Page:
A farmer who also left St. Michael, the church where he was baptized, said Kunz seemed to grow distant in recent years, unwilling to share financial information or control of the church.
Kunz disbanded the parish council in the 1980s, saying that kind of input from parish representatives wasn't needed. And a house on the property that once housed nuns who taught at the school now stands empty because Kunz clashed with the sisters over control of the school.
"He told them, 'Let me know when your bags are packed,' " said a close friend of Kunz, Father Charles Fiore, who lives nearby in Lodi and is active in right-to-life, home-schooling and other conservative causes. He was with Kunz on Tuesday night when the two traveled to Monroe so Fiore could record a religious radio program.
A few years ago, Fiore was in the news himself because of claims that he encouraged a man to make false sexual abuse allegations against Cardinal Joseph Bernardin of Chicago. Fiore denied he had done so, but said he believed Bernardin was guilty.
Like Fiore, Kunz abhorred abortion, often preaching against it from the pulpit. Three years ago, on a rainy Saturday, he conducted a funeral for a fetus that had been taken from a trash can at a Milwaukee abortion clinic. The fetus was placed in a small casket and buried in front of the church next to a shrine of Our Lady of Fatima.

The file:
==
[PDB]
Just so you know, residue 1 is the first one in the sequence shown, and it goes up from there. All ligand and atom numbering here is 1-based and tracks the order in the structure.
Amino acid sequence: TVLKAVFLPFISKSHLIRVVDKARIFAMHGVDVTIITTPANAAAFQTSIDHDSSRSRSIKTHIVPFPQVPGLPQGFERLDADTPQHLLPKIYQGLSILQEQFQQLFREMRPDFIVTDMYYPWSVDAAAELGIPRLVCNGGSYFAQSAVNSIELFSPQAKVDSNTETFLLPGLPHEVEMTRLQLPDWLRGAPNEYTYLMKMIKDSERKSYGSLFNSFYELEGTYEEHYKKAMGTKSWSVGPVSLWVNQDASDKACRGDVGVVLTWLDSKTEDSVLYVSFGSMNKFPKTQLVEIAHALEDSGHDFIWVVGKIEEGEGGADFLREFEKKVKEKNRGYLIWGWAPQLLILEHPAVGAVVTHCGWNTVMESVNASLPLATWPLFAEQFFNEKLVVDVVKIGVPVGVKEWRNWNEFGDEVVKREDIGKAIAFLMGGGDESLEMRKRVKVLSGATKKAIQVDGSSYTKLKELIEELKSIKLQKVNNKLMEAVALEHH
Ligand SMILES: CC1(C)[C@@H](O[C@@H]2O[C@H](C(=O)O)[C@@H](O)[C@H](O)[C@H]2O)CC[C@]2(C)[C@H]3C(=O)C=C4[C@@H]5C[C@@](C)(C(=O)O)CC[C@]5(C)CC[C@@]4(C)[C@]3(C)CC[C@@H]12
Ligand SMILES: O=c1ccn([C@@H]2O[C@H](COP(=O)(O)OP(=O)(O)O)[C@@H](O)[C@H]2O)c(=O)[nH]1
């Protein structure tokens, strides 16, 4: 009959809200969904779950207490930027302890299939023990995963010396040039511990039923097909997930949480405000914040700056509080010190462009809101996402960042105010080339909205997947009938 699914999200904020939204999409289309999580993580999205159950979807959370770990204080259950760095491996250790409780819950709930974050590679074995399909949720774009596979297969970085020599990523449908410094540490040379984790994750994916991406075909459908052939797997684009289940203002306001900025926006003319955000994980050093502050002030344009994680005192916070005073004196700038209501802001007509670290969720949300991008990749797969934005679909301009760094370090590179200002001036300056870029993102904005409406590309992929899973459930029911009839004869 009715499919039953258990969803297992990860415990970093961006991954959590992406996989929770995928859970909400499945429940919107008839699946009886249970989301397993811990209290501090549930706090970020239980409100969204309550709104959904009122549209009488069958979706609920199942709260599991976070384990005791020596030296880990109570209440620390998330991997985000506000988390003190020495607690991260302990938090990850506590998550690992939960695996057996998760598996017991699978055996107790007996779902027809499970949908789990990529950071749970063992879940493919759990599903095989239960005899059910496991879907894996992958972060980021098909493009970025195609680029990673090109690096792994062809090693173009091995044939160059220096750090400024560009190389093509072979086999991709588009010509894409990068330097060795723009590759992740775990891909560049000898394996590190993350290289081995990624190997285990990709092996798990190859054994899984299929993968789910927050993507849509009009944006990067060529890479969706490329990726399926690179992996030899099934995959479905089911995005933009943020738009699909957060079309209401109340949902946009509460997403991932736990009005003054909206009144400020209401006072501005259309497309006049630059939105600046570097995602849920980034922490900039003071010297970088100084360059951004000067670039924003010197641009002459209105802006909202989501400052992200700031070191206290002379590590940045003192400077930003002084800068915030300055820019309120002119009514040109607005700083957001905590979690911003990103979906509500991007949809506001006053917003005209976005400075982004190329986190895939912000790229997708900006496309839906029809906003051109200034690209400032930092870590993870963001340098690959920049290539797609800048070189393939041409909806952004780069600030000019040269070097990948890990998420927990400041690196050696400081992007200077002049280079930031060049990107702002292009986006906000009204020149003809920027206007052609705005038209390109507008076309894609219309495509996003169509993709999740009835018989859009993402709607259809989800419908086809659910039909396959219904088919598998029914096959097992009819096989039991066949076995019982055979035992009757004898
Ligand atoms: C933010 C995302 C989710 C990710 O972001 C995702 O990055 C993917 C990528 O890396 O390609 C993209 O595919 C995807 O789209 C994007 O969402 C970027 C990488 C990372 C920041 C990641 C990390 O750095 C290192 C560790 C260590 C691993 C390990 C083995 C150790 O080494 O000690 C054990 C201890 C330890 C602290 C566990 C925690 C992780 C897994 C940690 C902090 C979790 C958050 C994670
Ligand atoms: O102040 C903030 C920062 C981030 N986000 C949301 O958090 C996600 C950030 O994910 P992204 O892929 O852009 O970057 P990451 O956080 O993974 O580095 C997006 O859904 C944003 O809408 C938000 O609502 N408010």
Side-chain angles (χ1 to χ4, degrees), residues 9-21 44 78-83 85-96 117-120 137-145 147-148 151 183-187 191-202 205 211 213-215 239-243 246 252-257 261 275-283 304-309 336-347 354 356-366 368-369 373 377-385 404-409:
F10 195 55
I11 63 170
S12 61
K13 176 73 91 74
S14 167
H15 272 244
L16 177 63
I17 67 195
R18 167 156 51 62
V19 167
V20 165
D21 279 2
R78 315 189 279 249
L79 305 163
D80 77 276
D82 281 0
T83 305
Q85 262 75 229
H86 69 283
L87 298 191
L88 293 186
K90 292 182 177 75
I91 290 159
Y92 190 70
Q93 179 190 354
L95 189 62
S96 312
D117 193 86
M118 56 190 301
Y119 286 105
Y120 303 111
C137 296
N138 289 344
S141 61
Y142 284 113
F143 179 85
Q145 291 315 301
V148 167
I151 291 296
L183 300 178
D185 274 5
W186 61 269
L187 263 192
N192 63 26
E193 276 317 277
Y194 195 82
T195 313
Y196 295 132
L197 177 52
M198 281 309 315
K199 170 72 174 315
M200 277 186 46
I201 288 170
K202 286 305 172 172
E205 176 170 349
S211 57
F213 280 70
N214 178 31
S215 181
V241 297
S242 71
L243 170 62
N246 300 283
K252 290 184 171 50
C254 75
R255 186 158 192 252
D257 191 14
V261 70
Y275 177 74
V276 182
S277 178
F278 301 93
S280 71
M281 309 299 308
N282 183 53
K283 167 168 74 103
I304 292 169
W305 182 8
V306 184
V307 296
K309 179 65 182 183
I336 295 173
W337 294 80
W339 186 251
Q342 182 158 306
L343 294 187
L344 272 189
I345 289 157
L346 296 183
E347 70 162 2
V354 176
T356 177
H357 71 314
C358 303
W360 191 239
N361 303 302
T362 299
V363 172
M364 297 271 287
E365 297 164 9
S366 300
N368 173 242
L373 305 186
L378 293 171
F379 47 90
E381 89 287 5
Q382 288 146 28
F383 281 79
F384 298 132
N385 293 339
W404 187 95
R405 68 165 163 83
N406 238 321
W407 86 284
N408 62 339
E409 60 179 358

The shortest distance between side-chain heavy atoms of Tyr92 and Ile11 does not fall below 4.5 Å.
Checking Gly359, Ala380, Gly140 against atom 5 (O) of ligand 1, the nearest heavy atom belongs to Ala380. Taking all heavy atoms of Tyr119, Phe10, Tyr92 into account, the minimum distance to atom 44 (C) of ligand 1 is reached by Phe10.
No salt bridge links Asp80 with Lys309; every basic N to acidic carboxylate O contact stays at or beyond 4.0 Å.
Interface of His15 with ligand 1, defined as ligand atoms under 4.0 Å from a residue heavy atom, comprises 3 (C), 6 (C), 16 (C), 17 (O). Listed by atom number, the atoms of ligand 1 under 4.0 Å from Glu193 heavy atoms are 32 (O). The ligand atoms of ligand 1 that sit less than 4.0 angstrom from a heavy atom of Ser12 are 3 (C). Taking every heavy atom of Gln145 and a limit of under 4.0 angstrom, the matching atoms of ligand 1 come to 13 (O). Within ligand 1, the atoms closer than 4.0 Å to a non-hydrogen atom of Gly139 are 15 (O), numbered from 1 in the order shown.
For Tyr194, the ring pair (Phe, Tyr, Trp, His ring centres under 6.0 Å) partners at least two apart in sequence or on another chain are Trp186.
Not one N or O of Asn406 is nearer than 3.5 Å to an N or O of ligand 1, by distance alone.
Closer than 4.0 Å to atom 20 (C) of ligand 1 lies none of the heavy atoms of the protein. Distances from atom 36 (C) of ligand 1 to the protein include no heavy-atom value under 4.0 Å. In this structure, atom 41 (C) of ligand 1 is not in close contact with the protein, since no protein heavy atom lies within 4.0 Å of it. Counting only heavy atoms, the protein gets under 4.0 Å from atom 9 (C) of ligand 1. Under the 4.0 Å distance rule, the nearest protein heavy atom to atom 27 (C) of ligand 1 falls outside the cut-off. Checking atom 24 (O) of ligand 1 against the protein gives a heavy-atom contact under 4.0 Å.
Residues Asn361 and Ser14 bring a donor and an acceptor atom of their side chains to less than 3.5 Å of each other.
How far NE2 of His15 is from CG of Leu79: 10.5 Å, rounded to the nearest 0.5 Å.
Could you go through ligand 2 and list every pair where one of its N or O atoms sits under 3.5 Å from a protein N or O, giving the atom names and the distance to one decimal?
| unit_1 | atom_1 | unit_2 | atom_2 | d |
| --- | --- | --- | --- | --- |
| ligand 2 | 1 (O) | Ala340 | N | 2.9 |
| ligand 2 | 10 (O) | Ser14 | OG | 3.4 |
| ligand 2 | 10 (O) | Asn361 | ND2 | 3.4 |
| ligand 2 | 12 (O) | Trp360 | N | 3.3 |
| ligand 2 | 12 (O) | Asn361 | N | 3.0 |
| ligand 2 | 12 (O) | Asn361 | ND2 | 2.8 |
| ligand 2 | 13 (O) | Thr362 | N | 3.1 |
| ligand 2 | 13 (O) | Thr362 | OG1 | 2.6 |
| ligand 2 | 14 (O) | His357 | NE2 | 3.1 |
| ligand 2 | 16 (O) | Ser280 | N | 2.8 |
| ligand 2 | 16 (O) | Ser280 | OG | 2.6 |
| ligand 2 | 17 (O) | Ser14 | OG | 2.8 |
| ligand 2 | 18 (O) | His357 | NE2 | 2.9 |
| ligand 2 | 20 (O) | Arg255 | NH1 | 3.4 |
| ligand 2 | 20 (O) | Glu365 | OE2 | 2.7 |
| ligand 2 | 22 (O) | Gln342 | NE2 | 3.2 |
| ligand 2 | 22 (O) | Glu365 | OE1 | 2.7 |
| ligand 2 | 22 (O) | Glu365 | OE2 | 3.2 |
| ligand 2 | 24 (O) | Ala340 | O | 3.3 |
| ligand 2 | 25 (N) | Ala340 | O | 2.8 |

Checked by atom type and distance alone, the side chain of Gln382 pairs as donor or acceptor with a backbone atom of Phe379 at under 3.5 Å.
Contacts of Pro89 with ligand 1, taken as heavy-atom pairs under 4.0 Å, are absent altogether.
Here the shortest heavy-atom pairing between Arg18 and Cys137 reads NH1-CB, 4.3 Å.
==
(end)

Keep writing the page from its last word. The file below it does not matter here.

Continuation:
"He was forceful, but not angry," said Fiore, describing Kunz' preaching style. "I guess there were people who took offense at it. People who react that way usually do because they have a guilty conscience."
Kunz, he said, was an expert on church law who was consulted by religious leaders across the country.
Kunz was born in Dodgeville on April 15, 1930. He grew up in Fennimore and his family owned a cheese factory nearby. His father was a Swiss immigrant and his mother, a German, was born in America. He had three brothers and four sisters.
Kunz went to St. Mary's grade school in Fennimore, then left the state for 12 years of schooling at Pontifical College Josephinum in Worthington, Ohio. He said his first solemn Mass on June 3, 1956, at St. Mary's in Fennimore.
He was associate pastor at congregations in Waunakee, Cassville and Monroe before coming to St. Michael in Dane to serve as pastor in 1967.